France has announced plans to develop a weapons system to defend French satellites in an effort to close the gap on developments by other countries.
In light of growing advancement into space, French defence minister Florence Parly announced ambitions to develop an area in which France has fallen behind.
She said: “If our satellites are threatened, we intend to blind those of our adversaries.”
“We reserve the right and the means to be able to respond: that could imply the use of powerful lasers deployed from our satellites or from patrolling nano-satellites.”
The US, Russia and China invest heavily in developing new arms and surveillance technology for space, and there are currently over 2,000 satellites orbiting the Earth.
While most satellites are used to transmit commercial and military communications or to track the weather, the ability to detect and disable enemy spy satellites is crucial for a country’s security.
Parly, speaking at the Lyon-Mont-Verdun airbase, detailed further potential weapons capabilities, including machine guns capable of shooting the solar panels of enemy satellites to disable them, and swarms of nano-satellites that would patrol around French satellites.
The announcement follows the French President’s announcement of the creation of a French space force command, earlier this month.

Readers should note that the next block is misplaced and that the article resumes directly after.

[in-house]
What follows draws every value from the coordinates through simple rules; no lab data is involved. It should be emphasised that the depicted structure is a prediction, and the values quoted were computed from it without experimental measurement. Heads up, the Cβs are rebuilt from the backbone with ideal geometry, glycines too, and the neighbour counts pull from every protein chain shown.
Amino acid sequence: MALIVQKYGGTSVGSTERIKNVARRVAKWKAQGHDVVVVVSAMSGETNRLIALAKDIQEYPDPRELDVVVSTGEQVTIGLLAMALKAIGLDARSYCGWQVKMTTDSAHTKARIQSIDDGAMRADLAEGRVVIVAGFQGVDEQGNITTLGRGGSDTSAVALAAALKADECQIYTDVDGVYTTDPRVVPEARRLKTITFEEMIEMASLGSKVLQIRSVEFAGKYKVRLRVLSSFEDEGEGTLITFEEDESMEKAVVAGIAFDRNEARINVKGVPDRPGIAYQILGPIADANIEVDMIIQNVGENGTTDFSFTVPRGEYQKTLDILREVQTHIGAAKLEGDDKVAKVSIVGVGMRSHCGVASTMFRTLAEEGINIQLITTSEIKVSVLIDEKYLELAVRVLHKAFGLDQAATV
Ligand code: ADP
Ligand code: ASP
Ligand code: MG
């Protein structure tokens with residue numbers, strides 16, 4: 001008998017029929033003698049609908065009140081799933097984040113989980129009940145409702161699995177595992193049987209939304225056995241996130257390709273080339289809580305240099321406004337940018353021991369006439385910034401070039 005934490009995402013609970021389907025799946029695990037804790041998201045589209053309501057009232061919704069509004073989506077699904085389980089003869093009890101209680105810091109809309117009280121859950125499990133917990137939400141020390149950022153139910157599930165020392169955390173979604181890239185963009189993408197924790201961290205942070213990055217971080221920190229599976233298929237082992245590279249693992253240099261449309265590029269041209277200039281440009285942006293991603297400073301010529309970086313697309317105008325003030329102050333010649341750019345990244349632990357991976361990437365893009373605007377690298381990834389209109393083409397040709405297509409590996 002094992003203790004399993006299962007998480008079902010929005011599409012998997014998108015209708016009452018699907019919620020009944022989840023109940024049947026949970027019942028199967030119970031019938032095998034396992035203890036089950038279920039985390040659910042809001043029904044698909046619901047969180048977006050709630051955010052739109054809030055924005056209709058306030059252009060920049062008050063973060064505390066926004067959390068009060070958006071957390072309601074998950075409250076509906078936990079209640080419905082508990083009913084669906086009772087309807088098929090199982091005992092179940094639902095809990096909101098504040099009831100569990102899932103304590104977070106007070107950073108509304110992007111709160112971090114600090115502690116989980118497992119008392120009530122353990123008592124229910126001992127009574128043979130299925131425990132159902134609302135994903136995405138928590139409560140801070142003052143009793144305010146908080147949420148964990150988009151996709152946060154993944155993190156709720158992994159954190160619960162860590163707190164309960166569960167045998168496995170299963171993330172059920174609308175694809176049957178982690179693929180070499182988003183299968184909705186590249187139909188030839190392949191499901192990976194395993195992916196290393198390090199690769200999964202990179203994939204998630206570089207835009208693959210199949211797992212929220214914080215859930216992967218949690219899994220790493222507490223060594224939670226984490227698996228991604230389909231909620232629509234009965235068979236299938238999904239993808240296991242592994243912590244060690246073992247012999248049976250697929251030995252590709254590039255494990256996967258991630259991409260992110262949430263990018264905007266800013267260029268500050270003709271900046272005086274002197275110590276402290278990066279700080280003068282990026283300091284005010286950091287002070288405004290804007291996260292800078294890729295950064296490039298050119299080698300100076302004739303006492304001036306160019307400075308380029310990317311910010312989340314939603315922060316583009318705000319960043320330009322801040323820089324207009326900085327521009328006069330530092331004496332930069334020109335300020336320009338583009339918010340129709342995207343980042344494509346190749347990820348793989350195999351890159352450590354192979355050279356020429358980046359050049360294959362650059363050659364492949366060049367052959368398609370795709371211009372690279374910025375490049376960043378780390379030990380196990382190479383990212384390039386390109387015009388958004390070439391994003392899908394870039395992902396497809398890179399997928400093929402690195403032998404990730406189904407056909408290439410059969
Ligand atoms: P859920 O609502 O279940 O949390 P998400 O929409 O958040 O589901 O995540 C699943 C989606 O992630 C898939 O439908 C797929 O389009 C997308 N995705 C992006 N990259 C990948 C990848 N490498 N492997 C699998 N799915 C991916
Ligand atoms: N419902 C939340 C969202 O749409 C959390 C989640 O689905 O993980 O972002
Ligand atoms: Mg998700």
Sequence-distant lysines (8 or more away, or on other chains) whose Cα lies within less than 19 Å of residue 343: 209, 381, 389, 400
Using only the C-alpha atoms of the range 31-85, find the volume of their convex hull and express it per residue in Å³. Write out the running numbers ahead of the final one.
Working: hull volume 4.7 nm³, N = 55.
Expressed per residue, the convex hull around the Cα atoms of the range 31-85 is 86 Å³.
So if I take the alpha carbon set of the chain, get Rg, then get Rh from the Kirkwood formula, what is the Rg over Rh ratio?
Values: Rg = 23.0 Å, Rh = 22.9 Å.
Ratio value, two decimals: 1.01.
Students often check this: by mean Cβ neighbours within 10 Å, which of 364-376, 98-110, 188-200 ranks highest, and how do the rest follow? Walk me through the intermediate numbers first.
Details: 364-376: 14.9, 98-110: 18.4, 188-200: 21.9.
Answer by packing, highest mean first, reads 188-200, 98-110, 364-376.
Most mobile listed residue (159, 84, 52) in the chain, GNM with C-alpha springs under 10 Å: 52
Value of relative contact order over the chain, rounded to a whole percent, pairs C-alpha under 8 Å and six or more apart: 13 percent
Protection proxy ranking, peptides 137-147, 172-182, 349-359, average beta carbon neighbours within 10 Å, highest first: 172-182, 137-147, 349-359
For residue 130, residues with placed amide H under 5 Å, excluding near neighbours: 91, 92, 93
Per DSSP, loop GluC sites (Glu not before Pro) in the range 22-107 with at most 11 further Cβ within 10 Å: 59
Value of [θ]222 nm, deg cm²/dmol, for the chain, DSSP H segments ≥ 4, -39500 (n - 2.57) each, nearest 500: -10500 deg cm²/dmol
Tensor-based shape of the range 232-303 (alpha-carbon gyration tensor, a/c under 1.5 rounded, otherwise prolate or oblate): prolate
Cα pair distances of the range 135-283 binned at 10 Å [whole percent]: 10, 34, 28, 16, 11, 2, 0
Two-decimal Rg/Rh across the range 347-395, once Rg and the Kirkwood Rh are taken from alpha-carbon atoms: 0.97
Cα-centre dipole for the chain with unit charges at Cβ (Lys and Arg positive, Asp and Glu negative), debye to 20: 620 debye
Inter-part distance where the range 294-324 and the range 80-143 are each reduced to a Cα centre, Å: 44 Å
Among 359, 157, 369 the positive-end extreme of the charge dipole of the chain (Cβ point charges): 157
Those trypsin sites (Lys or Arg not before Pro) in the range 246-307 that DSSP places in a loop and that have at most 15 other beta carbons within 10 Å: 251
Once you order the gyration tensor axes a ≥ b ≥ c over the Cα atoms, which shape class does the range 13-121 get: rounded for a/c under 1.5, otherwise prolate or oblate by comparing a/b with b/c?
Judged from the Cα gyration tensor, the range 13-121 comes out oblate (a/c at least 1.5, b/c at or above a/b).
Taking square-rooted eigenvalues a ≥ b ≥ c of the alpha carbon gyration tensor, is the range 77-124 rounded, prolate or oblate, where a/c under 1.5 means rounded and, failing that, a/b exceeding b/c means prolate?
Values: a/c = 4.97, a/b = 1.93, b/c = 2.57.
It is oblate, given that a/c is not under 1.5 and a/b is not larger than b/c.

Macron’s initiative mirrors recent US developments, highlighting the French desire to keep up with international competition. During her speech, Parly said: “Our allies and adversaries are militarising space… we need to act.”
One of the biggest challenges facing France will be developing these weapons with a considerably lower budget than her rivals. China invests €10bn and Russia €4bn each year which, even discounting the US, dwarfs French annual investment.
Annual investment has previously levelled at €2bn, but the French military space programme has been given €3.6bn for 2019 to 2025, with an extra €3.6m announced on Thursday.
Despite competition with the US, China and Russia, Parly insisted that France was not joining a new space arms race: “I want to be precise: active defence has got nothing to do with an offensive strategy.”
France is one of only five declared nuclear powers and will have the largest armed forces in the European Union following Britain’s exit from the union.
By Rachel Cordery